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Friday, 26 January, 2001, 15:43 GMT
China fugitive wants 'luxury jail'
Vancouver
Lai arrived in Vancouver in 1999
China's most wanted fugitive has told a Canadian judge he would be willing to pay $53,000 a month to turn his luxury home into a virtual prison while he fights for political asylum.

Lai Changxing, who is accused of masterminding a multi-billion dollar smuggling ring, was arrested in November for immigration offences.

Lai Changxing
Lai has been dubbed China's most wanted man
He is widely expected to be sentenced to death if he returns to China and has applied for asylum along with his wife Tsang Mingna.

The couple are currently in jail, but their lawyers say they should be allowed to live under house arrest pending the outcome of their legal battle which could take years.

A Canadian security expert, hired by Mr Lai, testified this week that his company could turn the couple's Vancouver apartment into a virtual prison for around $10,000.

He said it would then cost around $13,200 a week to prevent the Lais from escaping.

The security would include round-the-clock guards, cameras, special locks and metal detectors to ensure weapons were not smuggled in.

A report in the South China Morning Post said it was not explained how the couple would come up with the money.

Banker

The Lais entered Canada in August 1999 as visitors using Hong Kong passports.

But the Canadian Government says they are ineligible for asylum as the crimes they are accused of are not political.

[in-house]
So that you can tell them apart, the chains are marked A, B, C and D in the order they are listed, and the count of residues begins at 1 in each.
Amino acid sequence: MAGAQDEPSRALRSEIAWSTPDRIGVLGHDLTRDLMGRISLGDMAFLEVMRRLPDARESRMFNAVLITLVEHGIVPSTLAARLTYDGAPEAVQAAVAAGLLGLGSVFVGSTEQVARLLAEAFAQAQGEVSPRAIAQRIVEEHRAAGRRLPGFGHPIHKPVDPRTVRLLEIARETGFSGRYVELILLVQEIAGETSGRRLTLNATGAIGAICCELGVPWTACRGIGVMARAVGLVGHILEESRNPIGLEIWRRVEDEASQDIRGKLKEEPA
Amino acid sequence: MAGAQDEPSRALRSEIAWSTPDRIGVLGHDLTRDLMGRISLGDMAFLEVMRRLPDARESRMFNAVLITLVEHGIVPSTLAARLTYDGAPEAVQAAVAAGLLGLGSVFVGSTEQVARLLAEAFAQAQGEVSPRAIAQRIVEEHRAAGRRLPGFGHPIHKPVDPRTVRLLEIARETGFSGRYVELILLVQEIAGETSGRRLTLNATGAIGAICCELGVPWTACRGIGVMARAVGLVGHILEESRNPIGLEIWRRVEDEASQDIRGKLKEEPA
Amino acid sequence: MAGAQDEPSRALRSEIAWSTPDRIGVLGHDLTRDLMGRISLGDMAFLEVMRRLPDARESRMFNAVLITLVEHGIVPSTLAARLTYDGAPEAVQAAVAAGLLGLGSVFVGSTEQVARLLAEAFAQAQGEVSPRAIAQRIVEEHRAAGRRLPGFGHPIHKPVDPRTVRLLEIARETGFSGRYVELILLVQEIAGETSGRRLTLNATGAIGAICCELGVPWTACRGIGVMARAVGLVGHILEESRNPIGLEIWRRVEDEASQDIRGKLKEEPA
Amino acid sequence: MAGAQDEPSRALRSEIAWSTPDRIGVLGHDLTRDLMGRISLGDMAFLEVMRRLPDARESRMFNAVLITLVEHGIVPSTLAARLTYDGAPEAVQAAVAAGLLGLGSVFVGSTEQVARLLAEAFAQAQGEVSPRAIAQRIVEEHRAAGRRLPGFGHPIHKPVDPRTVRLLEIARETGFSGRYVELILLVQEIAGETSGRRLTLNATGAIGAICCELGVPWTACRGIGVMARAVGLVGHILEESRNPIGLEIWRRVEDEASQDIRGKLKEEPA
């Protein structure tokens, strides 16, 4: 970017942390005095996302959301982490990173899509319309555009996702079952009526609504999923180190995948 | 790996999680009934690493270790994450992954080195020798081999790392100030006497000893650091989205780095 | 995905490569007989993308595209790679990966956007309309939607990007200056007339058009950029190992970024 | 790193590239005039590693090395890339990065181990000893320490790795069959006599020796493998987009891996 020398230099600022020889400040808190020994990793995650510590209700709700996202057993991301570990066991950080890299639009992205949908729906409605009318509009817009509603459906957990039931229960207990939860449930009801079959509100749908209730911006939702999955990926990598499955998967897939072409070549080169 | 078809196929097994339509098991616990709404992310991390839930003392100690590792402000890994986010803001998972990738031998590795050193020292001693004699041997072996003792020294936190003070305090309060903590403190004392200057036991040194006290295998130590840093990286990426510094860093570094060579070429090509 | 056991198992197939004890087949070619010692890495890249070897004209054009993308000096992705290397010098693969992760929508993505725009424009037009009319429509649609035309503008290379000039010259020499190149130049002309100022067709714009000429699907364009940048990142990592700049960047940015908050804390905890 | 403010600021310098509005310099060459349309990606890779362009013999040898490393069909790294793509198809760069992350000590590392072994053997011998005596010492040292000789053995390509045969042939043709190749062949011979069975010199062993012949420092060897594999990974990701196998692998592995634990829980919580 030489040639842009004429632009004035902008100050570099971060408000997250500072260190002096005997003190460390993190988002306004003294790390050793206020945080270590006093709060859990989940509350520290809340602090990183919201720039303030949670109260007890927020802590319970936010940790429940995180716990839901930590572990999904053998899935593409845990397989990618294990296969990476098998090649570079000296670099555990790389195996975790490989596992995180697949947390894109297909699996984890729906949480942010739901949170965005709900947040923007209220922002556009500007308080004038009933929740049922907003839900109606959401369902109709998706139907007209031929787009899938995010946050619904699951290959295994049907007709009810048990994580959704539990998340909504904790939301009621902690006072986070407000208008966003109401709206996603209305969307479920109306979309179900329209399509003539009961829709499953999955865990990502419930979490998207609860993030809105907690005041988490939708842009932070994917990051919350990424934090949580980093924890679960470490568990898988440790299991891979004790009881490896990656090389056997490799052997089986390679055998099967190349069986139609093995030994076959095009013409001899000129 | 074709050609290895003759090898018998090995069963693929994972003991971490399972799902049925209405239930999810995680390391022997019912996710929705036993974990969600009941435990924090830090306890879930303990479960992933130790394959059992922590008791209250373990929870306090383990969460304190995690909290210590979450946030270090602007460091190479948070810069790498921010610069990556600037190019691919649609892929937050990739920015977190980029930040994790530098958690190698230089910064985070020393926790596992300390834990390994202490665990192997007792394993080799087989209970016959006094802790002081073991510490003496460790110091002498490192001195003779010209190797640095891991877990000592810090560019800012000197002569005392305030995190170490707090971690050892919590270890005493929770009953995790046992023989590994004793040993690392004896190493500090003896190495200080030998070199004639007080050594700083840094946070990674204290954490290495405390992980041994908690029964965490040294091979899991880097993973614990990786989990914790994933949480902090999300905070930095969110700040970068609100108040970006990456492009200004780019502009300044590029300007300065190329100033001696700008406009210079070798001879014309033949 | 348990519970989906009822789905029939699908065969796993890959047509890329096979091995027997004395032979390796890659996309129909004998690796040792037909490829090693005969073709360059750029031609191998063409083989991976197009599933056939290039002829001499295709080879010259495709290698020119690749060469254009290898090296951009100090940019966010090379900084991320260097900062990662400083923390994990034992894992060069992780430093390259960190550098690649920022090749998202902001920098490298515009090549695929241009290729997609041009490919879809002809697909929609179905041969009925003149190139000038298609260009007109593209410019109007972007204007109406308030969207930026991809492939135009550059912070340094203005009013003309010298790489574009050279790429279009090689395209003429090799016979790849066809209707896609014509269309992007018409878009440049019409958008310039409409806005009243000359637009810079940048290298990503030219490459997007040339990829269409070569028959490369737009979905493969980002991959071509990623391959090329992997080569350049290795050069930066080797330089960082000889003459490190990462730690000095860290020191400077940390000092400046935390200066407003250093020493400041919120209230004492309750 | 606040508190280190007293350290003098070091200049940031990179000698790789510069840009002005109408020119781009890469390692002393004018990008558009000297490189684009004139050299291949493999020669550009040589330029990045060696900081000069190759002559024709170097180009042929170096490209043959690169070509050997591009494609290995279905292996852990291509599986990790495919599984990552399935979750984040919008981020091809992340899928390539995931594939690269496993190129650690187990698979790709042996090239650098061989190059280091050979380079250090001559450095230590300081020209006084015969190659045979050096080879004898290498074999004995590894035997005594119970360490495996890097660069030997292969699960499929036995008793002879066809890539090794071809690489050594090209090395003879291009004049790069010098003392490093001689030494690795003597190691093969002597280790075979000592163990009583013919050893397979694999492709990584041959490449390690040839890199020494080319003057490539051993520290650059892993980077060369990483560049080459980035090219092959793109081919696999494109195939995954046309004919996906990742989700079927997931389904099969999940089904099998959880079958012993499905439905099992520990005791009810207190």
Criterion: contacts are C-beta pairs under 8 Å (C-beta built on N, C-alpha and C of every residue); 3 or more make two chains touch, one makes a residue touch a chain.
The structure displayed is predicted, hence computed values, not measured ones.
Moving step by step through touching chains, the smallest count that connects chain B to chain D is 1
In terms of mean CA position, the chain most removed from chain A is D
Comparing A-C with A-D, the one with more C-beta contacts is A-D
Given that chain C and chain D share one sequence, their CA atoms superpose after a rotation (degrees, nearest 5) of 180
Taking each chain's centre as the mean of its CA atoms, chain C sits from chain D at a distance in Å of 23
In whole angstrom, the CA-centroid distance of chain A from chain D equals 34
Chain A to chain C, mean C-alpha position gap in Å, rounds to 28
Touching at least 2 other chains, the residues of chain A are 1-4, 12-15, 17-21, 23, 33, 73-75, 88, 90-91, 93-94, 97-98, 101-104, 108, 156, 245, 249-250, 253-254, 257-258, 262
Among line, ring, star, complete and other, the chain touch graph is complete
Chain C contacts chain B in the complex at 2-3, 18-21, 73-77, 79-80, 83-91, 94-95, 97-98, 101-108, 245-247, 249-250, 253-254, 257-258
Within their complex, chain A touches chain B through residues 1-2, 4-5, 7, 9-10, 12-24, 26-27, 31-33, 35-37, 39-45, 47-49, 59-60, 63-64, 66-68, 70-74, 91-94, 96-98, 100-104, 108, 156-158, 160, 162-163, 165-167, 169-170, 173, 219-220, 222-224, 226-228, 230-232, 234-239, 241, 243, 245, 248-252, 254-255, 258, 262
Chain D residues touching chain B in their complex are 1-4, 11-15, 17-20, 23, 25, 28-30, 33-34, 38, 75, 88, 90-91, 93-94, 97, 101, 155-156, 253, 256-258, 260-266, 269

Mr Lai's house arrest proposal is modelled on a similar plan devised for Thai fugitive banker Rakesh Saxena who is fighting extradition for his alleged role in the collapse of the Bangkok Bank of Commerce in the mid 1990s.

The banker is paying C$40,000 ($26,580) a month to be kept under house arrest in his Vancouver home.

But Canadian Government lawyer Jim Murray said there was a greater risk of Mr Lai fleeing and it was wrong to encourage such house-arrest schemes.

"The rich get to live in a luxury condominium with their handpicked guards while the poor go to jail," he added.

Bribery

China says Mr Lai was the key figure in a vast smuggling racket which evaded import duties on more than $6bn worth of goods.

At least 11 people have already been sentenced to death for the scam.

A ruling on the house-arrest proposal is expected on 2 February.

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See also:

27 Nov 00 | Asia-Pacific
China wants extradition talks
24 Nov 00 | Asia-Pacific
China's 'most wanted' arrested
08 Nov 00 | Asia-Pacific
China sentences 14 officials to death
13 Sep 00 | Asia-Pacific
Corruption: End of China's Party?
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